Though Luther and Calvin shared the belief that to rebel was to dispute against the order instated by God (Luther 1983: Vol. 44, 45) both writers may be interpreted as permitting tyrannicide in certain circumstances (Luther 1983:Vol. 46; Vol. 45: 113). Luther held that only the whole community could condemn the tyrant to death (Waring 1968: 14–16) but Calvinist principles provided for a ‘duty of resistance to tyrants and the right of deposing kings’(Wight 1992: 11). Similarly, Calvin openly permitted the right of resistance by those organs of government entrusted with restraining Monarchical power, such as the Estates, and though he denied the right to kill a tyrant, he did suggest that resistance might be authorised by a representative council (Neumann 1957: 159). Furthermore, Calvin anticipated the Cromwellian rebellion of his intellectual heirs when he wrote that God restrains tyranny by either replacing the tyrant with another or by raising up within the community open avengers who rid the people of their tyrant (Calvin 1954: 31).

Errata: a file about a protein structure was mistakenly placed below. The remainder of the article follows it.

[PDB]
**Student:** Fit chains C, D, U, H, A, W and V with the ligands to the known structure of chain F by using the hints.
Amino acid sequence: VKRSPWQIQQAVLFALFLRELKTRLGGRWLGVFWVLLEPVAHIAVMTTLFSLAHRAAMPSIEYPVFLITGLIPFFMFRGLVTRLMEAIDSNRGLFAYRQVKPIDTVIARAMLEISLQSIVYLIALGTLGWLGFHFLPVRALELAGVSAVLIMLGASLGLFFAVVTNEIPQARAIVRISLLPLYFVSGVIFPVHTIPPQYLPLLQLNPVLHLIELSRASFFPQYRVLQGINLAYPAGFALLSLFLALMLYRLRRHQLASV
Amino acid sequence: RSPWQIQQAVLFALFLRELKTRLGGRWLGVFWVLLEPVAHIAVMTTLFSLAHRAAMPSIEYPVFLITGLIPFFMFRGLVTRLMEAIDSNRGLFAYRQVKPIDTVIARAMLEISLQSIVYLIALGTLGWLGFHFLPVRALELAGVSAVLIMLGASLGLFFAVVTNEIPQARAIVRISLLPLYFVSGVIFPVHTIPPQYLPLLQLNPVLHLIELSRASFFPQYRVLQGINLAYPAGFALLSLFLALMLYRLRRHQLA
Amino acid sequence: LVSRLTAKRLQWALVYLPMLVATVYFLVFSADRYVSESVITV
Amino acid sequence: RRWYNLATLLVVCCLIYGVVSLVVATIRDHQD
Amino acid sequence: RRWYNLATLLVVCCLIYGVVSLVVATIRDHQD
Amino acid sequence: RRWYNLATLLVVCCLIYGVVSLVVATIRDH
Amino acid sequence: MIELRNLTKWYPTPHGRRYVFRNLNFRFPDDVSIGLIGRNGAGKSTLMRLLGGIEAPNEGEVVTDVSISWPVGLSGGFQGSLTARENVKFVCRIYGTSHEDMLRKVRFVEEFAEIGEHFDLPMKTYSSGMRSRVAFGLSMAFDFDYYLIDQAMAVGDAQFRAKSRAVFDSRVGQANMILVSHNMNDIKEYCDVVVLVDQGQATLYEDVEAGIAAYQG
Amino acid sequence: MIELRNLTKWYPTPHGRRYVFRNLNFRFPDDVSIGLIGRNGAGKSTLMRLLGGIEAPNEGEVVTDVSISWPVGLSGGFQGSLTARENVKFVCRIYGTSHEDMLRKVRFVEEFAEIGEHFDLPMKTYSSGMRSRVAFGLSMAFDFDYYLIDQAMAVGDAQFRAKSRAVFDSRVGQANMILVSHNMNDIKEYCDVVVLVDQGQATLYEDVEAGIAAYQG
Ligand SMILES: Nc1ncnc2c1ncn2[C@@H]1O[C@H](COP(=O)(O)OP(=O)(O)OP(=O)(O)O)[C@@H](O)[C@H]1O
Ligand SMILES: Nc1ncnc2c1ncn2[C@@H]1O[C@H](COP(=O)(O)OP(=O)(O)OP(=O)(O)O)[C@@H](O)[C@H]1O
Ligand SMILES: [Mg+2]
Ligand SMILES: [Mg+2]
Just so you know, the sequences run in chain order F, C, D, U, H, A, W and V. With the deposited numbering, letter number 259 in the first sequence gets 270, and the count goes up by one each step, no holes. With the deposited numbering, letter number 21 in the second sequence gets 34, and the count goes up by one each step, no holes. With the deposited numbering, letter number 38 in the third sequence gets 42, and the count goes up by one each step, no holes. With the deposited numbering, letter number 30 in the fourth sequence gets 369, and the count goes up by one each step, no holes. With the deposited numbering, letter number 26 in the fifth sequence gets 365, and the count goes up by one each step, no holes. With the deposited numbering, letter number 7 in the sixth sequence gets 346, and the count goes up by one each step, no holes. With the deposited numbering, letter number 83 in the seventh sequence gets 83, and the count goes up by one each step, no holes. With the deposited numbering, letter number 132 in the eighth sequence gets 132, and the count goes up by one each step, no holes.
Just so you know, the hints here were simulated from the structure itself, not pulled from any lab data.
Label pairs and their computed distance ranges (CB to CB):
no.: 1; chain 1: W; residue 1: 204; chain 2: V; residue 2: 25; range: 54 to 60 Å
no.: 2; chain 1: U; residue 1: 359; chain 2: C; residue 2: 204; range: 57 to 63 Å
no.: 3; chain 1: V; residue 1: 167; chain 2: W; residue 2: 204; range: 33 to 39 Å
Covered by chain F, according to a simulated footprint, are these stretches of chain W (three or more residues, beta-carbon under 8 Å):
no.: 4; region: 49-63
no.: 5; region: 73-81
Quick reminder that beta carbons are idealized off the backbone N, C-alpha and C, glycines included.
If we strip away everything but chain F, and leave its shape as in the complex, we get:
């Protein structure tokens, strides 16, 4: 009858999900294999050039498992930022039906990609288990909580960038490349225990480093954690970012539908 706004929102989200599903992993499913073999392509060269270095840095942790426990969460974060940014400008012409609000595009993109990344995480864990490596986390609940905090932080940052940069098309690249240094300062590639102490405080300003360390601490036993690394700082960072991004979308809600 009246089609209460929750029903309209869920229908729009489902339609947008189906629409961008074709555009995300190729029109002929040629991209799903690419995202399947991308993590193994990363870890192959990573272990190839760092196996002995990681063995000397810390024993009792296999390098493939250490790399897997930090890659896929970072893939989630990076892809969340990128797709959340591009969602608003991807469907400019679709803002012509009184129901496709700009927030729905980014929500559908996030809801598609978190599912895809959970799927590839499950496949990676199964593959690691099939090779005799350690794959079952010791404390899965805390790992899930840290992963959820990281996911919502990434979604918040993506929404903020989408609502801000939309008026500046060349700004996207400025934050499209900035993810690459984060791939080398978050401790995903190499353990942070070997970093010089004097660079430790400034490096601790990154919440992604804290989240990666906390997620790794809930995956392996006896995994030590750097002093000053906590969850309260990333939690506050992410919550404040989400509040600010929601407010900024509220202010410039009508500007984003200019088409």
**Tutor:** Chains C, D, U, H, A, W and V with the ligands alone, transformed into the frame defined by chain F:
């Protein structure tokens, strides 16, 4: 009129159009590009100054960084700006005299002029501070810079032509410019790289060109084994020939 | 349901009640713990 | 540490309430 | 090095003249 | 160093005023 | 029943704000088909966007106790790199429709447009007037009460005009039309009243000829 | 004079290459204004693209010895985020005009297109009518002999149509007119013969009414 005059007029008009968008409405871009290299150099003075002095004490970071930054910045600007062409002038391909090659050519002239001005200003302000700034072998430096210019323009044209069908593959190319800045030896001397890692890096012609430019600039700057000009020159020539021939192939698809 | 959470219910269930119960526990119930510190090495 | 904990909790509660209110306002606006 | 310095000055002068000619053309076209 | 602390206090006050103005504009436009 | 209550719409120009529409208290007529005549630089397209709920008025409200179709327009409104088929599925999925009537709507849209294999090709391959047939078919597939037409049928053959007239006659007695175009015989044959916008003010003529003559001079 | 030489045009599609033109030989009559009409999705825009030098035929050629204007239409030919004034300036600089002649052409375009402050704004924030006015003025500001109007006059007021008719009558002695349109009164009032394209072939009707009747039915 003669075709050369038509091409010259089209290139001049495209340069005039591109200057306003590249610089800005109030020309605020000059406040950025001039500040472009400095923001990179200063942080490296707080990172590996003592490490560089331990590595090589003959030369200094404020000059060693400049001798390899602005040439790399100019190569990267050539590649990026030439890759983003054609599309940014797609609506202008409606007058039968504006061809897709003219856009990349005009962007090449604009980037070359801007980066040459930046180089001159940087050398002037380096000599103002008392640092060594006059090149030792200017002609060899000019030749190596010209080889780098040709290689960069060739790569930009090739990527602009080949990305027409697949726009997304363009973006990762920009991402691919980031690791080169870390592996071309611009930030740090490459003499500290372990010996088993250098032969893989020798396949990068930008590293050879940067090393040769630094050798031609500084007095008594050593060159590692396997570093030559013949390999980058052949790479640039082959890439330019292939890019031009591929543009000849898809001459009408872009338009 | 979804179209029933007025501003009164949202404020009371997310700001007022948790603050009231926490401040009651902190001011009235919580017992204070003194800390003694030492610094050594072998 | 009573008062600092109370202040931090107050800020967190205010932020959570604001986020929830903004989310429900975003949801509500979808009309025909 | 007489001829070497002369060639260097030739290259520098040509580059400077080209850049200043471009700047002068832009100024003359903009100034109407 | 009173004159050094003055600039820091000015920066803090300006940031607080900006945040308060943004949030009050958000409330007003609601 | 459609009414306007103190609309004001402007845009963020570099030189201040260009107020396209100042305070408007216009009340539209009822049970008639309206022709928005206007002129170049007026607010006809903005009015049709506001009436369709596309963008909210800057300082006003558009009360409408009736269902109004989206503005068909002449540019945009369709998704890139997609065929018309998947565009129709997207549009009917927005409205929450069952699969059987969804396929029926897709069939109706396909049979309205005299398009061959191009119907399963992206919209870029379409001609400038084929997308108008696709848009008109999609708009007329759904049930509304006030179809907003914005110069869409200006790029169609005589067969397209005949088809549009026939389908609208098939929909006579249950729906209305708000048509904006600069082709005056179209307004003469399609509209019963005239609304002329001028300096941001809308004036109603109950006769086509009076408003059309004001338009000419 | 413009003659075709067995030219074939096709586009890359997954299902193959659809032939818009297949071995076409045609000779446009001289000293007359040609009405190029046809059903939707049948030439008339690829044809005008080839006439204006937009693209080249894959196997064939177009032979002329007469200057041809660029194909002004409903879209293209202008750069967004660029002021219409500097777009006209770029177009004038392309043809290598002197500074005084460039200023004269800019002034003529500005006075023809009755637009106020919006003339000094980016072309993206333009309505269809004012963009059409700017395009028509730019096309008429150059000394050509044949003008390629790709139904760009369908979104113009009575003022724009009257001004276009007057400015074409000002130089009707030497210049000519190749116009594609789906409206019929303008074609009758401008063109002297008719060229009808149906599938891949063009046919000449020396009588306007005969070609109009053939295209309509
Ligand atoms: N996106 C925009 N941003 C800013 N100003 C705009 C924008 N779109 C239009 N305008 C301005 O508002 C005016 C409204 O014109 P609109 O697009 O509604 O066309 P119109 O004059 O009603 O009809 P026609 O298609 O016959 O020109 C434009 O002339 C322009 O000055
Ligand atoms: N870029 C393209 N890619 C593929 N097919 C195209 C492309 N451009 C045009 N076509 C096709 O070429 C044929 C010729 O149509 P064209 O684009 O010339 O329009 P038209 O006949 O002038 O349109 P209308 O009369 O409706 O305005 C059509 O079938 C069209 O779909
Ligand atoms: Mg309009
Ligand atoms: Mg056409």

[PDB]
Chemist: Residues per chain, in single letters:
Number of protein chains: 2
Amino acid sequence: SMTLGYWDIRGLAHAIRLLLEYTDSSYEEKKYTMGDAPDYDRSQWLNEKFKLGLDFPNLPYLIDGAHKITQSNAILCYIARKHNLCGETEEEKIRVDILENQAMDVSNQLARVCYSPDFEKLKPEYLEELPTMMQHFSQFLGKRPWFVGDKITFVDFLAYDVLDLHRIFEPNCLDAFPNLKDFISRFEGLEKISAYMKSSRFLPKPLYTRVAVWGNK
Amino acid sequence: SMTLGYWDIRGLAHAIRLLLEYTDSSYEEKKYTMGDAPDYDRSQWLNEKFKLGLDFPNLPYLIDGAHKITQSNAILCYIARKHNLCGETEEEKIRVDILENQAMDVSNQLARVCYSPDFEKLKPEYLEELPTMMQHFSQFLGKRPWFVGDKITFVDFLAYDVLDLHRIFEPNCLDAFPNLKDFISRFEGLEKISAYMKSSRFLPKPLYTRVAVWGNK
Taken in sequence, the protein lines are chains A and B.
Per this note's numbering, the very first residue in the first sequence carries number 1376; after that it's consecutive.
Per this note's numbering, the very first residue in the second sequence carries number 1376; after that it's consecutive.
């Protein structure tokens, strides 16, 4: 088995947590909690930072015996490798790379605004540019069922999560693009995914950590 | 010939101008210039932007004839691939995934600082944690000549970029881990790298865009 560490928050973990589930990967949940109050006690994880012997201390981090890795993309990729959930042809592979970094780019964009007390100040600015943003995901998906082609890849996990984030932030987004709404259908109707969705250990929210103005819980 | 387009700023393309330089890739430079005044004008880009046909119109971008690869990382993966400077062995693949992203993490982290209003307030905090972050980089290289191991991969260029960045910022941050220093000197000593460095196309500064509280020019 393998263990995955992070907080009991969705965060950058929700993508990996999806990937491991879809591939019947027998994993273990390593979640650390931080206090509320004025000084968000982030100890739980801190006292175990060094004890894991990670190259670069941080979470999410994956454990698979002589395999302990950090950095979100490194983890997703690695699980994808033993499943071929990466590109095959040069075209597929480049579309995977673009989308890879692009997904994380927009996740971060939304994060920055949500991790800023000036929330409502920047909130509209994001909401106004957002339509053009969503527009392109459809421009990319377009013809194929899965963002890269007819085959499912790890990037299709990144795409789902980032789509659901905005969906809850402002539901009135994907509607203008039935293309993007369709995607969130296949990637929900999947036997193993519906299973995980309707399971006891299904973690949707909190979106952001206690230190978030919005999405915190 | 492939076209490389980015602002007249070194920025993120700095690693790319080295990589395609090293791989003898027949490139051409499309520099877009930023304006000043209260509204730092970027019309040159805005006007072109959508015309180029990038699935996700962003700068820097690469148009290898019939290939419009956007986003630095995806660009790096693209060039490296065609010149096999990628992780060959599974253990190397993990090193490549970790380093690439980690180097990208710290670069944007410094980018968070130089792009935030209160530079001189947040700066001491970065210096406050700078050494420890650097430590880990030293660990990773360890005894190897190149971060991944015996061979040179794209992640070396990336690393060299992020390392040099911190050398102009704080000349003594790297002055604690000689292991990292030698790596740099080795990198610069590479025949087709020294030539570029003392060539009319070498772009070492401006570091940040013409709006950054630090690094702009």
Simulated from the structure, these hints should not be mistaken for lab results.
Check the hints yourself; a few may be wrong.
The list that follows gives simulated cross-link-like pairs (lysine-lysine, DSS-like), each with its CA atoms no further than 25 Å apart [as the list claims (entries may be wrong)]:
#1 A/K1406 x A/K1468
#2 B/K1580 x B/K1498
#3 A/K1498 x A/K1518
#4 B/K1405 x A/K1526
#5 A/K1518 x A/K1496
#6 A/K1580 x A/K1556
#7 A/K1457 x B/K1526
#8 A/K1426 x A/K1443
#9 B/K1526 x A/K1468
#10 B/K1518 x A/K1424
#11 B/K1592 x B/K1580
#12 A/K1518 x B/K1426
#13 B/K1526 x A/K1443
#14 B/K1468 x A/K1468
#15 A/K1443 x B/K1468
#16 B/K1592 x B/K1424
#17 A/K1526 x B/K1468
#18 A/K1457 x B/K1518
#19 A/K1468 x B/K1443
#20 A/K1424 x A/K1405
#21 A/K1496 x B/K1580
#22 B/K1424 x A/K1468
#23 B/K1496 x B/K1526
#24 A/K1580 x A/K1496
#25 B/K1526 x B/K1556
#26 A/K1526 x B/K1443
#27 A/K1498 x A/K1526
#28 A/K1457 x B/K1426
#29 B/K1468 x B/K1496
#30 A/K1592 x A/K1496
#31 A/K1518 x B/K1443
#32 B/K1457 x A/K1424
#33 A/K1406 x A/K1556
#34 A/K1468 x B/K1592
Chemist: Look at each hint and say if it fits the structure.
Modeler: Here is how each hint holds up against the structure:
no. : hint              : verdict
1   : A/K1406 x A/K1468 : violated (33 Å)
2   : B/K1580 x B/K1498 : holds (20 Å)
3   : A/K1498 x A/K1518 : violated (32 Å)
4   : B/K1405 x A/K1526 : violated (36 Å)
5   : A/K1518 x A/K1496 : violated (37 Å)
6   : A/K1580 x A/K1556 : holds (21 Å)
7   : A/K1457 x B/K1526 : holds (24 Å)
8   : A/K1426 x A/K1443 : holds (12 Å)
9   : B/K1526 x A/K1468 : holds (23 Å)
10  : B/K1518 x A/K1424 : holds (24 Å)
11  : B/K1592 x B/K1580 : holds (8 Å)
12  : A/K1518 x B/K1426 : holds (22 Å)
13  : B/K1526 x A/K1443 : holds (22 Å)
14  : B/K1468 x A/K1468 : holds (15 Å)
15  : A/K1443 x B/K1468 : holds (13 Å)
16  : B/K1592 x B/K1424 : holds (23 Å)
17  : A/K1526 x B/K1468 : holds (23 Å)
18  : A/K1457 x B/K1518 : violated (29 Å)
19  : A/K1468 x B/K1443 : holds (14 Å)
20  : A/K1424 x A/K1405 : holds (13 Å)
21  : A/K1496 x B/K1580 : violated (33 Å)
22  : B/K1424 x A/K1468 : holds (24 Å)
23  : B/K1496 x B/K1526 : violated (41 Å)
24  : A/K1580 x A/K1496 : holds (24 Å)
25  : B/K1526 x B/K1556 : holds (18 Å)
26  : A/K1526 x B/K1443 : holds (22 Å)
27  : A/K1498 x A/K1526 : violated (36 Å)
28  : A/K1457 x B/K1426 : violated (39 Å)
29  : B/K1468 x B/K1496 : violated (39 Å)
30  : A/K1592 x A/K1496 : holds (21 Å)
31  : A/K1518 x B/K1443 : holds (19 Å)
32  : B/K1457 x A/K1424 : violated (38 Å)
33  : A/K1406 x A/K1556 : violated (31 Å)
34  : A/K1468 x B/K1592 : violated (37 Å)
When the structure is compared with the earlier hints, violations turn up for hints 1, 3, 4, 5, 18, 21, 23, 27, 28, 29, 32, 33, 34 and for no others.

It was Calvin’s validation of the right of constitutionally enacted bodies to resist monarchical encroachment that led later Calvinist and Puritan thinkers to find in favour of tyrannicide. Knox, taking a liberalist view of Reformation principles like von Hutten, affirmed that it was the duty and even the right of the nation to condemn the Queen (Knox quoted in Lecky 1913: 164) and he defended the right to establish the true religion against the sovereign by force if necessary (Knox 1994: 3–47). The right of resistance was unquestioned in the interpretation of Calvinism by the Protestant Monarchomachs, such as in either Ponet’s or Goodman’s open defence of tyrannicide in England (Ponent1942), or in the theoretical defence of tyrannicide by Boucher and Languet in France (MacCaffrey 2007: Vol. I, Chapter VI). They held that a heretical prince was an outcast in the eyes of God and hence enjoyed no divine protection against tyrannicide (Ford 1985: 151). The most trenchant supporters of Calvin willingly declared war on tyrannies against God (Lecky 1913: 194 ff.) though their contemporary critics, Bodin and Barclay, argued that such resistance would more likely lead to further tyranny rather than freedom (Bodin 1992; Barclay1954).